Date of Award


Document Type


Degree Name

Master of Science (MS)



First Advisor

L. Clayton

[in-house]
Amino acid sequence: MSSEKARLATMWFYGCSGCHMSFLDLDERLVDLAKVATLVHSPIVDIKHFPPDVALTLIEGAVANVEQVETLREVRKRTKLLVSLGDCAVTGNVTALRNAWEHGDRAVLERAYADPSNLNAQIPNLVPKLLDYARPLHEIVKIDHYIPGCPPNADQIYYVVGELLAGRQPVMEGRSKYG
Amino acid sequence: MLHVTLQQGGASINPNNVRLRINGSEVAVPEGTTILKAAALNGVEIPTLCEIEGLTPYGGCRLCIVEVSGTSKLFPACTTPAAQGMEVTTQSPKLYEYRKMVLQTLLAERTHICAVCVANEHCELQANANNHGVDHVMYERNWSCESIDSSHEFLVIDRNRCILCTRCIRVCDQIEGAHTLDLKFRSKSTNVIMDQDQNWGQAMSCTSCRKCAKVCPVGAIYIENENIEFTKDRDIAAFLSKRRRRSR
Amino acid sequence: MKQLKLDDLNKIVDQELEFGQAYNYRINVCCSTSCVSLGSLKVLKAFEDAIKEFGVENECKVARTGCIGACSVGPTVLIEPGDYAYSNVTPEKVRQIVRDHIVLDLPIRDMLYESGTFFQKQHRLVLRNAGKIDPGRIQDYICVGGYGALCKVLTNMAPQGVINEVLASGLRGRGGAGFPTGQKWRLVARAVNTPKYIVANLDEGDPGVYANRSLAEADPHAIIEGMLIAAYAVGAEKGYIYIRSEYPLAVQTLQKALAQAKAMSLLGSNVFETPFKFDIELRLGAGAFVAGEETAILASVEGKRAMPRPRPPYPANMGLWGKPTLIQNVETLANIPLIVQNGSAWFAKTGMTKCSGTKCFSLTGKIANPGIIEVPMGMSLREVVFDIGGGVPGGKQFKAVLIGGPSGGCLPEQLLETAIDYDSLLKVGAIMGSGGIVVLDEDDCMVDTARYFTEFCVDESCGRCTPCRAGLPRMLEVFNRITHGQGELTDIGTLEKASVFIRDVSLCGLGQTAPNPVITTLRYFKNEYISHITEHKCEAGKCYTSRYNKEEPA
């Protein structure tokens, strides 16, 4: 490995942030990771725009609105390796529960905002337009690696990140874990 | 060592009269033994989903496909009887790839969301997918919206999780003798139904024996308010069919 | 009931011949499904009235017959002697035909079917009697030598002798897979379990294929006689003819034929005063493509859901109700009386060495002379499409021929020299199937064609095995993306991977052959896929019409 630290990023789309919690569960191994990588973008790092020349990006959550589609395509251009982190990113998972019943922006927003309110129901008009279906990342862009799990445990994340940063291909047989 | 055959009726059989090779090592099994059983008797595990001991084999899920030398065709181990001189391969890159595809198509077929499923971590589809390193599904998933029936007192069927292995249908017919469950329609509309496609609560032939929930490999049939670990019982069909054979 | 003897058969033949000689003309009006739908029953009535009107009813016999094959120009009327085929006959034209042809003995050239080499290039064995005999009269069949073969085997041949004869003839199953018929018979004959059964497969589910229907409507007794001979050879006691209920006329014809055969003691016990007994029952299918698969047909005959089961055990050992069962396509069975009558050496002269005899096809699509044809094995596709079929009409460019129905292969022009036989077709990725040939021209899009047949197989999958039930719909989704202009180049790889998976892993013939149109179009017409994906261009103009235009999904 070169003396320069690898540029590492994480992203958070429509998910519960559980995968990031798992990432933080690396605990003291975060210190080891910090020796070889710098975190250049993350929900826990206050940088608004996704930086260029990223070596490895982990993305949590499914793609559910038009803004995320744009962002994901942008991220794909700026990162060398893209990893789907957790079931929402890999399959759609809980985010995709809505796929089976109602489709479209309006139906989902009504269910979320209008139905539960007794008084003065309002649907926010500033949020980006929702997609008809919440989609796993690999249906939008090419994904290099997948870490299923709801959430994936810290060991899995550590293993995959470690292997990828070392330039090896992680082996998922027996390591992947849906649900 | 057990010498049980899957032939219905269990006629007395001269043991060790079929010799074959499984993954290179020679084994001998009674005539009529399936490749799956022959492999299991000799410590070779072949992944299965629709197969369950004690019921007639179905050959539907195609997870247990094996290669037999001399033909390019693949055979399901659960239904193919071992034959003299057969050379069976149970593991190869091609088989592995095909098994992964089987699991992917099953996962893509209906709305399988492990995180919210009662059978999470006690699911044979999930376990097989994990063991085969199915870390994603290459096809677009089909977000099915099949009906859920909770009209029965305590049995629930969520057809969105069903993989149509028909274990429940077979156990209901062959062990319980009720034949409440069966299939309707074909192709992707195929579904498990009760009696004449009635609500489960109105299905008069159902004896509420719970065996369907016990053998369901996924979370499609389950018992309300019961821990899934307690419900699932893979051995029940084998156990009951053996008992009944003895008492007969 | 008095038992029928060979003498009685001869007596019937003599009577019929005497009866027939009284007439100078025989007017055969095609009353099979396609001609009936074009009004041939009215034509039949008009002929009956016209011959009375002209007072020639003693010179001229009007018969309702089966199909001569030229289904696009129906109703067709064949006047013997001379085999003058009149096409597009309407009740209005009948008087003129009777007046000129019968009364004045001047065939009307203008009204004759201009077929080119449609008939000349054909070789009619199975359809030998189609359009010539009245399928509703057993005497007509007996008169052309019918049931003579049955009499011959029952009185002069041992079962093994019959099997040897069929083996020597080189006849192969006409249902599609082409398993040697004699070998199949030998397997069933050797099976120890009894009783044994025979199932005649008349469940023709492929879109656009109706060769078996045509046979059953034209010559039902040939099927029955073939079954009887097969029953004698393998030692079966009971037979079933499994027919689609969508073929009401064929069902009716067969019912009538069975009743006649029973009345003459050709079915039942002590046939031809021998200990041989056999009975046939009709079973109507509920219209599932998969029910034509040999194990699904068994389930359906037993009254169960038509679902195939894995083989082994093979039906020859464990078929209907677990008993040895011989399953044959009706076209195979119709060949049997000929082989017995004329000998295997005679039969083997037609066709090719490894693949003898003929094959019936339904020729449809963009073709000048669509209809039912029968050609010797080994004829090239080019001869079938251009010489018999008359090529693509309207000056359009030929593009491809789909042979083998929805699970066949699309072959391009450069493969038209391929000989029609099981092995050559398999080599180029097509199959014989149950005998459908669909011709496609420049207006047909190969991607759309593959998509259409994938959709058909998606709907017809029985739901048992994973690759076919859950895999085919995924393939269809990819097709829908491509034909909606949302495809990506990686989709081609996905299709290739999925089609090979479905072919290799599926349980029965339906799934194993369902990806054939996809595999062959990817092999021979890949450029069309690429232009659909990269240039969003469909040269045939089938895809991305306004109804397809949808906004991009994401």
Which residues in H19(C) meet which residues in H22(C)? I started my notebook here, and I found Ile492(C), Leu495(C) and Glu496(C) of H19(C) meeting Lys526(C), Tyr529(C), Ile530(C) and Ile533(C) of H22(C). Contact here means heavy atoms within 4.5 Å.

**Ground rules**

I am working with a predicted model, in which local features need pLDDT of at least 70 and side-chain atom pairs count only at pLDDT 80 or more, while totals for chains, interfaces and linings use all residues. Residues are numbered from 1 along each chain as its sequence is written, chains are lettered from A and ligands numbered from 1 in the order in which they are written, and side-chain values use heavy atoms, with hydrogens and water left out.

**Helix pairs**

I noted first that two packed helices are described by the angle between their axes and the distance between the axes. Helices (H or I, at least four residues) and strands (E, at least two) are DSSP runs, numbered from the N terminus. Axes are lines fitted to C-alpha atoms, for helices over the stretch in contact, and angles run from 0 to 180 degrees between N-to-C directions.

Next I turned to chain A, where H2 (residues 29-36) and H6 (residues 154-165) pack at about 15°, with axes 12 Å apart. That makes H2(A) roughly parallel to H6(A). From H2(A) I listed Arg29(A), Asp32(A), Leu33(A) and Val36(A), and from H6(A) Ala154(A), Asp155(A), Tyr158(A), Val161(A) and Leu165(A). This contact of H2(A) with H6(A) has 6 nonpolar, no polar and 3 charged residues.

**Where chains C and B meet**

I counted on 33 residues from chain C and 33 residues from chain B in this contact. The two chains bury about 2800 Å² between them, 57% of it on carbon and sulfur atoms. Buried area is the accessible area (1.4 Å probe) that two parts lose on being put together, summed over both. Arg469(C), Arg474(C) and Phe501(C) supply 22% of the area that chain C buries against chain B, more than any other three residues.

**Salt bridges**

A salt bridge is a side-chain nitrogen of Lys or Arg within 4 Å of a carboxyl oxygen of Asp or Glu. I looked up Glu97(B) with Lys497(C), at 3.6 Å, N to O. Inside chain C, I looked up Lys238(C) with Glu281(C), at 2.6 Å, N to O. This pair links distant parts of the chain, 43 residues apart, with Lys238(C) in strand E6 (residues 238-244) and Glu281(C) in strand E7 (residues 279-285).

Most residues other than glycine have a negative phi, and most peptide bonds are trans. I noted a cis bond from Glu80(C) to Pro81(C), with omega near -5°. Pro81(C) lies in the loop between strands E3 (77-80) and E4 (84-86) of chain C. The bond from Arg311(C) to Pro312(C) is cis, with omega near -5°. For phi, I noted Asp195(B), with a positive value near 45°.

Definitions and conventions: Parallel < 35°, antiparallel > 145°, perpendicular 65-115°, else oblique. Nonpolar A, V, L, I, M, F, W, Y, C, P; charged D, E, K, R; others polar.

Eight stratigraphic units of Late Cenoioic age are present around the Moe Archeological Site near New Town, North Dakota. Unit Zero is a layer of glacial sediment consisting of grayish brown pebbly clay loam. Unit One consists of fluvial and beach sand and gravel. Unit Two consists of light yellowish brown, offshore lake silt that was deposited into a glacial lake in Late Wisconsinan time. Unit Three is a layer of glacial sediment consisting of grayish brown pebbly clay loam (Late Wisconsinan). Unit Four consists of fluvial sand and gravel (Late Wisconsinan}. Unit Five is a layer of slough sediment consisting of silt and clay rich in organic matter (Late Wisconsinan to present). Unit Six is a layer of valley-bottom and fluvial overbank sediment consisting of light yellowish brown sandy silt and clayey silt (Late Wisconsinan to present}. The Oahe Formation is a layer of wind-blown silt that was deposited during the Holocene Epoch. It is divided into four members. These are, from bottom to top, the Mallard Island Member (Late Wisconsinan), which is light-colored and sandy, the Aggie Brown Member (Late Wisconsinan to Early Holocene), which is the mollic horizon of a paleosol, the Pick City Member, which is light-colored, and was probably derived from unstable hillslopes during the warm, dry Middle Holocene Age, and the Riverdale Member (Late Holocene), which is slightly darker colored than the other members.

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